Game species to return to North East after 200 years thanks to new project.
Salmon and seatrout could soon be returning to the North East’s river Derwent following work to be carried out by the Environment Agency.
The two species haven’t been seen in the river for centuries due to the man-made Derwenthaugh weir built in the 18th Century near Gateshead blocking their access. However, the EA in conjunction with Gateshead Council has now announced a project to construct a fish pass to by-pass the structure, known locally as Lady’s Steps, once again allowing the fish to head upstream to enter the river Tyne and on to spawning grounds.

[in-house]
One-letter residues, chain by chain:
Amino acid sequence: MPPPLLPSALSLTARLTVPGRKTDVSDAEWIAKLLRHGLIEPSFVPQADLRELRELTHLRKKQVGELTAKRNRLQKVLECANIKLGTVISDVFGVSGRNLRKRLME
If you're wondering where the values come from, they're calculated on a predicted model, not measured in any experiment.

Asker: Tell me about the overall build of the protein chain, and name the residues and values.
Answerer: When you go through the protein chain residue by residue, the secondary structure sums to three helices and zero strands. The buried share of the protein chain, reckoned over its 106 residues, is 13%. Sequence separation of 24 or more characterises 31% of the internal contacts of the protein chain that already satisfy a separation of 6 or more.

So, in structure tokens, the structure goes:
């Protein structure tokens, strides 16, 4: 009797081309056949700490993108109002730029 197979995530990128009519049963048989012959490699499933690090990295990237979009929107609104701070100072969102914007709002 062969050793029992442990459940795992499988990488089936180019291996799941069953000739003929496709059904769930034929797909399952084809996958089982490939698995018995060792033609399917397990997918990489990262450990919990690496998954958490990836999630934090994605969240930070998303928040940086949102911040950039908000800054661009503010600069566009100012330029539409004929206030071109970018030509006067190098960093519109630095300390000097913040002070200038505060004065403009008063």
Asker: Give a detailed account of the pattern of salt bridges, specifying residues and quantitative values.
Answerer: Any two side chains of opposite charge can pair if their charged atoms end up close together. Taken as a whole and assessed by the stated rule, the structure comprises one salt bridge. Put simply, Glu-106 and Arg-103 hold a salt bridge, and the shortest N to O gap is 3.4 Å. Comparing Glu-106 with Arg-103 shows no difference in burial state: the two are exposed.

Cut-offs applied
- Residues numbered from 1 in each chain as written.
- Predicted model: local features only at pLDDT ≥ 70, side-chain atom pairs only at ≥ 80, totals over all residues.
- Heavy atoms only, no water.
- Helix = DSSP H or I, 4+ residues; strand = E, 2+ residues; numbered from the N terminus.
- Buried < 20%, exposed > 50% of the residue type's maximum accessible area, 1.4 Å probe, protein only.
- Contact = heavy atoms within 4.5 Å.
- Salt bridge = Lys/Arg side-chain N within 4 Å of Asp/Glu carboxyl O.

Work on the project is due to start in January next year and should be finished by spring.
“By building a fish pass we’ll be allowing salmon and sea trout to move freely into the River Derwent for the first time since the 18th century”, said project manager at the Environment Agency, Jon Shelley, “We try to help fish along rivers wherever we can, and are always looking for ways we can increase the opportunity for affordable salmon and sea trout angling. This project will open up access to a salmon and sea trout fishery on the Tyne that everyone can enjoy. “
The work should also see benefits for other species on the river, including brown trout and grayling that become stranded below the weir after floods.